The well-established medieval warm period (MWP) reached its peak in about 1200 AD and then gave way to the little ice age (LIA) that lasted from about 1400 to 1850 AD. Those periods are well documented in history and accepted by climatologists. The Viking colonisation of Greenland took place during the MWP when lush green vegetation thrived, giving it its name. The Viking settlements collapsed during the LIA, when even the Thames in London froze over.
If the Medieval Warm Period was warmer than today, with no greenhouse gas contribution, what would be so unusual about modern times being warm also?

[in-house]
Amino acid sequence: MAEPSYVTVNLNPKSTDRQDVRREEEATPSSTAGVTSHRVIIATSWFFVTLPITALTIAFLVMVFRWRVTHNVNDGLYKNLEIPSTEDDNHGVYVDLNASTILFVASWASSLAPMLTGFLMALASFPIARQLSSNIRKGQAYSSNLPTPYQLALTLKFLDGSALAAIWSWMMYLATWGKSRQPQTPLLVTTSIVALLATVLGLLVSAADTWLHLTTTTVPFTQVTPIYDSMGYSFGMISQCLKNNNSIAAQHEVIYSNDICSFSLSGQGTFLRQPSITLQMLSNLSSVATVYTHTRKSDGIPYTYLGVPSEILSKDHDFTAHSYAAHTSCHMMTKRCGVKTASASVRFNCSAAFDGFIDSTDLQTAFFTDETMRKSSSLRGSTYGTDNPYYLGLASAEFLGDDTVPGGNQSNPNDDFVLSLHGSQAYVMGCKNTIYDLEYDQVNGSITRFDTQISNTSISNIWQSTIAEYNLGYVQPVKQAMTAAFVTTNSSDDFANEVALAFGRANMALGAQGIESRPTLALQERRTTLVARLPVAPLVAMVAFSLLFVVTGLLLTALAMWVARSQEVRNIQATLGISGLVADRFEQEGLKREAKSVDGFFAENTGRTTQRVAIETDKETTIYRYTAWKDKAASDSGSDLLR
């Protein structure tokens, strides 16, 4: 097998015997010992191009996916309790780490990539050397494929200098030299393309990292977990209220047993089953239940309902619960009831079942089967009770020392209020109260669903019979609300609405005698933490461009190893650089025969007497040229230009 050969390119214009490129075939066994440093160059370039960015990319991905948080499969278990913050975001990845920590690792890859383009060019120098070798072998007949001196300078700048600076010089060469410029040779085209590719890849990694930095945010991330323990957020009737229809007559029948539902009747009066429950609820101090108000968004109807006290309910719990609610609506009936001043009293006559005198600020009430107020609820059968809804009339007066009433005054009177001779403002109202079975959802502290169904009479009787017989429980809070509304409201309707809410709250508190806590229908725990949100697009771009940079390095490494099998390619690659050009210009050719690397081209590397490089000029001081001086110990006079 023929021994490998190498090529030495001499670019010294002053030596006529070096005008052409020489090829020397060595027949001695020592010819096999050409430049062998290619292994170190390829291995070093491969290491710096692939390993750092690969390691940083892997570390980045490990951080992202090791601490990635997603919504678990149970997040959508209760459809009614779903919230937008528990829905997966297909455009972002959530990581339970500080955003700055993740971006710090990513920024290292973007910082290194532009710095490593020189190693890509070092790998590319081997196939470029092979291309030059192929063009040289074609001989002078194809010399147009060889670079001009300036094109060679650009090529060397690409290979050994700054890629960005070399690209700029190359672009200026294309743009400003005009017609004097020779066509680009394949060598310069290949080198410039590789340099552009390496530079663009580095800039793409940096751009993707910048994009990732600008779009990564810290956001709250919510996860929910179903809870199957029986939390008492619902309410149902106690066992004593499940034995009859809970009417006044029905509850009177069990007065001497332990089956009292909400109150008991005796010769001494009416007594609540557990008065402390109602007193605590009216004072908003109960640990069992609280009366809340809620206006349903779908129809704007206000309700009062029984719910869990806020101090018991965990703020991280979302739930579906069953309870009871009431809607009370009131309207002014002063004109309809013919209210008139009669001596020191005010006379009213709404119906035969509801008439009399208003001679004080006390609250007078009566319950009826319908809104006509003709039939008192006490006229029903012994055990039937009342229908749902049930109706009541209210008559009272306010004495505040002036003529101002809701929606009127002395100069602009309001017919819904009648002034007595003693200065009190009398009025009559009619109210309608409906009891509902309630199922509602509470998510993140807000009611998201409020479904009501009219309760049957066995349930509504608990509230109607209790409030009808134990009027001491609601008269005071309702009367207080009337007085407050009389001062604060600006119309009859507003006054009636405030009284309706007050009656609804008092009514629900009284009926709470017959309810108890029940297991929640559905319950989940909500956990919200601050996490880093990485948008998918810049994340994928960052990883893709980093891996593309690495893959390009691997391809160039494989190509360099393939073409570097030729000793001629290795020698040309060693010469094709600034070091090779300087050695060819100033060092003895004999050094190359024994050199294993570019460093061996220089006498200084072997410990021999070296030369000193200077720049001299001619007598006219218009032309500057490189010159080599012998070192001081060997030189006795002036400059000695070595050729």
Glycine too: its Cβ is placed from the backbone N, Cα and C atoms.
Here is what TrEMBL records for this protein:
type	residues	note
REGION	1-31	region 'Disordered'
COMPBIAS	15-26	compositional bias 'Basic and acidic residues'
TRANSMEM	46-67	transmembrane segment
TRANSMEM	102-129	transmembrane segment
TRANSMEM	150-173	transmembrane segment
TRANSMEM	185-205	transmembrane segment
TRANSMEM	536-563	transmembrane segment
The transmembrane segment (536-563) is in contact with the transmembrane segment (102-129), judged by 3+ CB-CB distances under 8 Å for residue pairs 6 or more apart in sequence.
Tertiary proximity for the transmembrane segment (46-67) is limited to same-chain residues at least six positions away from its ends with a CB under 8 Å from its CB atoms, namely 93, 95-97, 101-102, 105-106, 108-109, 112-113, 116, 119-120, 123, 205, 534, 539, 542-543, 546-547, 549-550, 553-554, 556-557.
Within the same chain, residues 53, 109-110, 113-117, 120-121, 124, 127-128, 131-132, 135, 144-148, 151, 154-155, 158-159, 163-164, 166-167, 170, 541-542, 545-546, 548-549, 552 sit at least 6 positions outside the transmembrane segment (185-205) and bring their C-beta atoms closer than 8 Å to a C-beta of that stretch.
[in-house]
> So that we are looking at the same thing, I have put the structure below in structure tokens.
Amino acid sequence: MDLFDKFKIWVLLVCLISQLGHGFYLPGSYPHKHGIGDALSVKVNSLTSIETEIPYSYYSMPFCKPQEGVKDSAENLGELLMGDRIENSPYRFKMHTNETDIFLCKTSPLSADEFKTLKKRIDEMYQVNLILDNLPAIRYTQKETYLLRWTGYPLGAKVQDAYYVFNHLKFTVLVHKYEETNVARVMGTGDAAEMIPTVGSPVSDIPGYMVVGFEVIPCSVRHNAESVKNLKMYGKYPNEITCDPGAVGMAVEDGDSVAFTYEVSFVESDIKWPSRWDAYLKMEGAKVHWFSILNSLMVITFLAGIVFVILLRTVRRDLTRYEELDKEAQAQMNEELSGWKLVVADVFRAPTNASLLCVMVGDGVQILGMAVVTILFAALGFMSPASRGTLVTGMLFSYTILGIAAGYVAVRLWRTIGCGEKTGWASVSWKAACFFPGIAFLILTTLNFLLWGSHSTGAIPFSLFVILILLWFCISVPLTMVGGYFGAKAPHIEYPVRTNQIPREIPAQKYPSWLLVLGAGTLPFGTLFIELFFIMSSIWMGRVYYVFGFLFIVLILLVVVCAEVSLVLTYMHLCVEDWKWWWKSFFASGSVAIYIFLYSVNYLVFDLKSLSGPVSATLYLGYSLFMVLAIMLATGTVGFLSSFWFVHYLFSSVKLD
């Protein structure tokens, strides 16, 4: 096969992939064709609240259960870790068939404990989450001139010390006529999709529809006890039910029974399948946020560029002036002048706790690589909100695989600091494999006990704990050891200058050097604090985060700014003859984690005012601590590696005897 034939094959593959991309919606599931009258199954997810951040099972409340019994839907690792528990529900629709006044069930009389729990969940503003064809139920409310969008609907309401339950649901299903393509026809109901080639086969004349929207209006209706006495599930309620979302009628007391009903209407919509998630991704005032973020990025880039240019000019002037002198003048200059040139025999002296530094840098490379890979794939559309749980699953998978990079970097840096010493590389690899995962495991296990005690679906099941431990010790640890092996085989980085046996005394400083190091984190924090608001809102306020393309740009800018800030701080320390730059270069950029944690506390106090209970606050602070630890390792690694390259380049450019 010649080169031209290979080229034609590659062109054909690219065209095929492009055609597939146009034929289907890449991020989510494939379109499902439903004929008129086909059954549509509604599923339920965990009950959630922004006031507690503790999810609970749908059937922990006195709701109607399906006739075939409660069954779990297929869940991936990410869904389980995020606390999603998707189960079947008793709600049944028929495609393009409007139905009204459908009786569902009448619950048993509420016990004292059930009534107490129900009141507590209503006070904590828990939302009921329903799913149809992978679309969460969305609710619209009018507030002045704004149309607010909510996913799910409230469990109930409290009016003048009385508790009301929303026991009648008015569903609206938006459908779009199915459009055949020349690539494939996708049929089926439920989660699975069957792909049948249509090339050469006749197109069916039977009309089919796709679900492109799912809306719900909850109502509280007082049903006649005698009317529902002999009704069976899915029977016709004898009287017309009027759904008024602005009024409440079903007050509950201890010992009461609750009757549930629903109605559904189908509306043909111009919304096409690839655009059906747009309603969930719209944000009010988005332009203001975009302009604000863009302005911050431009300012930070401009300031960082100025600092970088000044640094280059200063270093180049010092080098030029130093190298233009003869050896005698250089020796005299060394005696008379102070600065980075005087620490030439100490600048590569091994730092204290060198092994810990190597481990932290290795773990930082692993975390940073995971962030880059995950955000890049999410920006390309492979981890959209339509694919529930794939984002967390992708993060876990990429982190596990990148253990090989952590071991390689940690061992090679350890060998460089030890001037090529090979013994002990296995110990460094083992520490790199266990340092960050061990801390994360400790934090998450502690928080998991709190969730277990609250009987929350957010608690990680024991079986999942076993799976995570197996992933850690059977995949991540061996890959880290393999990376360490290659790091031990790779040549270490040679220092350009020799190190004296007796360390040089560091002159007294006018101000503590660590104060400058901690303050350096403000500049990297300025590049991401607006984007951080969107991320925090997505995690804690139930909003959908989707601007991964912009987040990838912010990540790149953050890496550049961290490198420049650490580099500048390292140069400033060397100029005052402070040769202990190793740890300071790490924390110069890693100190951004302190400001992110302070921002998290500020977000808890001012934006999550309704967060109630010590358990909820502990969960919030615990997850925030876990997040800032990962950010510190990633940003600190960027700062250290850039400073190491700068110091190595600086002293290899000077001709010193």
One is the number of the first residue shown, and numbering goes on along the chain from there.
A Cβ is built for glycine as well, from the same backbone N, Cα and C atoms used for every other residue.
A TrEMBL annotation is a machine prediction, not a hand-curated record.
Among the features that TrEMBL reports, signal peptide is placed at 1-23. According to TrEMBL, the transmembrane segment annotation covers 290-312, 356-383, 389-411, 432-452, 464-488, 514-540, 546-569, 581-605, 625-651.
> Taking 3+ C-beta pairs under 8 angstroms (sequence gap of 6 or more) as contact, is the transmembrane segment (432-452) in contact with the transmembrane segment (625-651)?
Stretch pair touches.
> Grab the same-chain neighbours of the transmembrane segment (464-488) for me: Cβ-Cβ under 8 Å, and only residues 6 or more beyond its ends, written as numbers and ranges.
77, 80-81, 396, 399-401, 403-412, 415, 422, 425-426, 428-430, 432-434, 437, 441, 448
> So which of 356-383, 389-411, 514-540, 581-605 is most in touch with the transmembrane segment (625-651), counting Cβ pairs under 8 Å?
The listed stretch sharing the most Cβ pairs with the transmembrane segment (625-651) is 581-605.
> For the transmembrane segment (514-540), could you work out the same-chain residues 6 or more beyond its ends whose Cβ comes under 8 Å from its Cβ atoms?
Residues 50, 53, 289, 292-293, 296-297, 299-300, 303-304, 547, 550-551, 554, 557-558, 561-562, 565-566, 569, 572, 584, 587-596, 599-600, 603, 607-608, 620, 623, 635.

This presented a serious problem to the supporters of AGW. The MWP peaked at a higher temperature than today and at a time when there was no signiﬁcant human emission of CO2. This naturally raised the question: What would be so unusual about the current warming trend that necessitated the response to link it to human CO2 emissions? In return, the AGW advocates drew attention to a little known 1999 paper using tree ring data to assess past temperatures, eliciting memories of the now infamous presentation of the ‘Hockey Stick’ curve. Tree rings are not a reliable temperature proxy because they are inﬂuenced by many other factors, apart from temperature: rainfall, sunlight, cloudiness, pests, competition from other trees, soil nutrients, frost and snow duration. Nevertheless, the tree ring curve was accepted by the IPCC and replaced their earlier curve. As we know, it has the shape of a hockey stick. Trees grow only on land and 71% of the Earth’s surface is covered by water. The data were only from the Northern Hemisphere, yet presented as the global temperature curve. Quoting John Daly: ‘It was a coup: total, bloodless, and swift, and the hockey stick was greeted with a chorus of approval from the greenhouse effect supporting industry.